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Court orders FG to set borrowing limits for states, councils

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Honourable Justice G.O. Kolawole of the Federal High Court has ordered President Muhammadu Buhari, in compliance with section 42 (1) of the Fiscal Responsibility Act, to set the limits of the consolidated debt of Federal, State and Local governments.By this, each of the three-tier government will be bound by the limit given their respective ability and check reckless borrowings, as well as accumulation of obligations for successive governments, particularly at the state level.

The order came in Suit No. FHC/ABJ/CS/302/2013 between the Centre for Social Justice Limited by Guarantee (CSJ) against five Defendants- the President of the Federal Republic of Nigeria, the Senate of the Federal Republic of Nigeria, the House of Representatives of the Federal Republic of Nigeria, the Minister of Finance and the Attorney General of the Federation and Minister of Justice, who are the first to the fifth Defendants respectively.

CSJ, led by its Lead Director, Eze Onyekpere, through an Originating Summons, had posed two questions for determination- Whether the Respondents have constitutional and statutory obligations to set and enforce the overall limits for the amounts of consolidated debt of the Federal, State and Local governments in Nigeria.

Also, whether the Honourable Court can compel the Defendants to set and enforce the overall limits for the amounts of consolidated debt of the Federal, State and Local Governments in Nigeria pursuant to Section 42 (1) of the Fiscal Responsibility Act, 2007.CSJ therefore, sought the court to declare that the first Defendant’s continued refusal to set the overall limits for the amounts of consolidated debt of the Federal, State and Local Governments in Nigeria constitutes a violation of section 42 (1) of the Fiscal Responsibility Act 2007.

That a declaration that the first Defendant’s refusal to set the overall limits for the amounts of consolidated debt of the Federal, State and Local Governments in Nigeria constitutes a flagrant violation of section 5 (1) (b) of the Constitution of the Federal Republic of Nigeria.That a Declaration that the fourth Defendant’s continued failure, refusal or neglect to advise the first Defendant on the appropriate overall limits to be set for the amounts of consolidated debt of the Federal, State and Local Governments in Nigeria constitutes a violation of section 42 (1) of the Fiscal Responsibility Act 2007.

Also, an order directing the five Respondents to ensure that the overall limits for the amounts of consolidated debt of the Federal, State and Local Governments in Nigeria is set, approved and enforced in line with Section 42 (1) of the Fiscal Responsibility Act 2007.”The Defendants however, pleaded that compliance with the provision of Section 42 (1) of the Fiscal Responsibility Act will be difficult and it is a process that takes a lot of time as it will involve the computation of the Gross Domestic Product of States and the reconstruction of their domestic debt data.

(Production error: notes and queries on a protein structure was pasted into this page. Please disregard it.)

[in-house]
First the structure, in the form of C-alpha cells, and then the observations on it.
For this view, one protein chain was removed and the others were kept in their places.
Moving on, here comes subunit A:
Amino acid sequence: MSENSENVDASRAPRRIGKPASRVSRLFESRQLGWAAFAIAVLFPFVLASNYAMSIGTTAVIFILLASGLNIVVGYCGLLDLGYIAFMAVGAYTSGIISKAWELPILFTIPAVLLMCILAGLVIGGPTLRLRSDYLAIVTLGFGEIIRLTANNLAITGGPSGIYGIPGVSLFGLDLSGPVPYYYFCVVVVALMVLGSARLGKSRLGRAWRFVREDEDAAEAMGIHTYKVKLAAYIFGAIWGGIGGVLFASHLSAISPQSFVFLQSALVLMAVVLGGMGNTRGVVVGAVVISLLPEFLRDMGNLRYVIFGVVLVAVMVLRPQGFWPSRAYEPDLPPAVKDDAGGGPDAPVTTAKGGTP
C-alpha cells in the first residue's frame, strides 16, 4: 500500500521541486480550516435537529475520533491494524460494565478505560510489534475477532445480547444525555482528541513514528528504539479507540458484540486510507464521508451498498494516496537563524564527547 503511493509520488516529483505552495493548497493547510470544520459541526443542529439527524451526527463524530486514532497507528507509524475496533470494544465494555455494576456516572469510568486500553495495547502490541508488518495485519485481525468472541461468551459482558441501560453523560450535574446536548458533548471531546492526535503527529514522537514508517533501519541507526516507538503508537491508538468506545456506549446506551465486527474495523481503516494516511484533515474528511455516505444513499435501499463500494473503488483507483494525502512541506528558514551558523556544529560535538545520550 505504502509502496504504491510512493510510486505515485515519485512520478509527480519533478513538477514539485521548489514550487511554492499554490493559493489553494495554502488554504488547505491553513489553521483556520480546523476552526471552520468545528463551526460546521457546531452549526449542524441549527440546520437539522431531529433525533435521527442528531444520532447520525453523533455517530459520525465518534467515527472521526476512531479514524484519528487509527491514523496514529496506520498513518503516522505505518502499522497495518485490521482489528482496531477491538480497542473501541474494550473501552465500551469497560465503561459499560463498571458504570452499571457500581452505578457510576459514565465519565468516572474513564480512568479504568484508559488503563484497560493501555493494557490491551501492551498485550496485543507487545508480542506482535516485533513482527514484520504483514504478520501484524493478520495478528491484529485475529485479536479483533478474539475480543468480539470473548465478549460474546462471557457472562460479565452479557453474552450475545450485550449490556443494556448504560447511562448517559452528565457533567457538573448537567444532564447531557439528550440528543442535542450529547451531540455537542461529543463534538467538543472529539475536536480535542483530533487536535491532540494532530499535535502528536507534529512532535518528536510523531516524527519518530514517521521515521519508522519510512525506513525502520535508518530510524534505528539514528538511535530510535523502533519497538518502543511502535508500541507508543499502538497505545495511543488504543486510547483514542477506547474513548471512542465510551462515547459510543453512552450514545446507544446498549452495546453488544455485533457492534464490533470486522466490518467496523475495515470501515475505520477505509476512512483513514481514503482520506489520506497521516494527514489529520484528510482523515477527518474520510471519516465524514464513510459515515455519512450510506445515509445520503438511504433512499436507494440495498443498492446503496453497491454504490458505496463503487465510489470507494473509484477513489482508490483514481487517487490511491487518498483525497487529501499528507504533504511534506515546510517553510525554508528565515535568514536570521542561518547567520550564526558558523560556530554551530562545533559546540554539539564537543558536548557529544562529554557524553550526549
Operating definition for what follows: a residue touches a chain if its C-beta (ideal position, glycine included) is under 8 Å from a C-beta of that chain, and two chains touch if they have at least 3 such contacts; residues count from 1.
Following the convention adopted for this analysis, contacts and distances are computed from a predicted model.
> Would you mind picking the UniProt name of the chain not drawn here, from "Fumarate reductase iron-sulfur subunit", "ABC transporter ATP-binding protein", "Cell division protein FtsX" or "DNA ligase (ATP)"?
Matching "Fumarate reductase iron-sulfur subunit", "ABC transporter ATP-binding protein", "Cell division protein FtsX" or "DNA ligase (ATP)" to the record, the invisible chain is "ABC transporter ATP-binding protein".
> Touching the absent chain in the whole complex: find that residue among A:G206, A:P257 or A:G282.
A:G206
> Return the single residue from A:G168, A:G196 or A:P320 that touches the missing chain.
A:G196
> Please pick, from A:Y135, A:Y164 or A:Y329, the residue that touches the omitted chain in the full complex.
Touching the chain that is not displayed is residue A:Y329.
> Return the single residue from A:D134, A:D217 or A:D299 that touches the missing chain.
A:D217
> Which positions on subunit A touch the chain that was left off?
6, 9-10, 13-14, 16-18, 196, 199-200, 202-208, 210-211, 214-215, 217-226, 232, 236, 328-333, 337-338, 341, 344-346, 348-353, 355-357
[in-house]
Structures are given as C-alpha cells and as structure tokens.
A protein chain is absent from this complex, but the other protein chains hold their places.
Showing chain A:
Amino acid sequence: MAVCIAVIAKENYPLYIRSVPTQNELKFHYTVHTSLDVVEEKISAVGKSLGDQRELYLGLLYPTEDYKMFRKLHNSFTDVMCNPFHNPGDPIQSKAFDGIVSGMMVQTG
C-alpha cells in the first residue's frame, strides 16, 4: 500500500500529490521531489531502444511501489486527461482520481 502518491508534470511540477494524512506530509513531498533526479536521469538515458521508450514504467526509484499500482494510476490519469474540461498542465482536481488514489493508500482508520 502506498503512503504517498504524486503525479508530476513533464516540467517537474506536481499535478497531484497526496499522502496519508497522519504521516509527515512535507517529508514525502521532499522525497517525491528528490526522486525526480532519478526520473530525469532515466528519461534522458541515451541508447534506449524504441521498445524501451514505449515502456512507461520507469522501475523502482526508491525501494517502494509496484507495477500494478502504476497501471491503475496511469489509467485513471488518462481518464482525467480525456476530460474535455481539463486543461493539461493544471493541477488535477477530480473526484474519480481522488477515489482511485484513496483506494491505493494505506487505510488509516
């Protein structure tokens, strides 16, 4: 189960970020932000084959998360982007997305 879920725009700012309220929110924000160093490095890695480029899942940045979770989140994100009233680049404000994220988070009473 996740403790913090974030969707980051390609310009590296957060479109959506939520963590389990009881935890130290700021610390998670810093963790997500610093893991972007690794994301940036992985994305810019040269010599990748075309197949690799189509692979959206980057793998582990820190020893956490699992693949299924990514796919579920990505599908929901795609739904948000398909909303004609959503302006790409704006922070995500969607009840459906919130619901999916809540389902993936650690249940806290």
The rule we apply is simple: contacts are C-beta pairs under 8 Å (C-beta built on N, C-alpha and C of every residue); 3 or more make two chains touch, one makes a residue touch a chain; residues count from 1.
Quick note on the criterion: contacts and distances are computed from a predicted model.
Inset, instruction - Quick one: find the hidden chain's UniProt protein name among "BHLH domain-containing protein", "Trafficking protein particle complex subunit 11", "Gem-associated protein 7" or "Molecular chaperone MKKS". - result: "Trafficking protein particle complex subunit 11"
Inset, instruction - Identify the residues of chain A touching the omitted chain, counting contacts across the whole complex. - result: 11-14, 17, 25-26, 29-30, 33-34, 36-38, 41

The Defendants also raised other technical issues including the fact that this limitation should have been set by the Defendants within 90 days of the commencement of the Fiscal Responsibility Act on July 30, 2007, arguing that the cause of action had lapsed and the fact that President Muhammadu Buhari was not the President at the time of the commencement of the Act weighed against the action now.

The Court, led by Justice Kolawole, after listening to the parties, said: “Having regard to the answers given to the two questions based on my interpretation of the provision of section 42 (1) of the Fiscal Responsibility Act, supra, that it is mandatory, it is my decision that the reliefs being sought ought to succeed, and they are granted as pleaded.

“In relation to relief (4) in the Plaintiff’s “Originating Summons”, in the exercise of my inherent jurisdiction pursuant to the provision of Order 56 Rule 1 of the Federal High Court (Civil Procedure) Rules, 2009, the first and fourth Defendants shall within 90 days from today, comply with and execute the provision of Section 42 (1) of the Fiscal Responsibility Act, 2007.

“In the event that they were unable to conclude with the process which the 1st and 5th Defendants’ counsel has argued was already on its way within the said period, the first and fourth Defendants shall be at liberty through the fifth Defendant to apply to a Court of competent jurisdiction to extend the period within which the mandatory provision of Section 42 (1) of the Fiscal Responsibility Act, supra can be fully complied by a presentation made by the first Defendant on the advice of the fourth Defendant to the 2nd and 3rd Defendants.

“The Plaintiff who is enabled by the provision of Section 51 of the Act, ought to be commended as its action was intended to jolt the 1st, 4th and 5th Defendants to do that which is necessary in order to give the Federal Government of Nigeria’s current policy on anti-corruption a necessary boost within the ambits of the law which has largely been obeyed by refusal of successive administration to execute the provision in Section 42 (1) of the Fiscal Responsibility Act, supra.

“There shall be no order as to costs, each party shall bear its own costs. This shall be the Judgement of this court which I reserved after I listened to the re-adoption of the addresses filed and exchanged by the 1st and 5th Defendants on 15/2/18”.Meanwhile, CSJ said it is awaiting the Defendants’ compliance with the court order and expressed appreciation to their counsels Kalu Onuoha and Kingsley Nnajiaka for diligently following through this suit.

 


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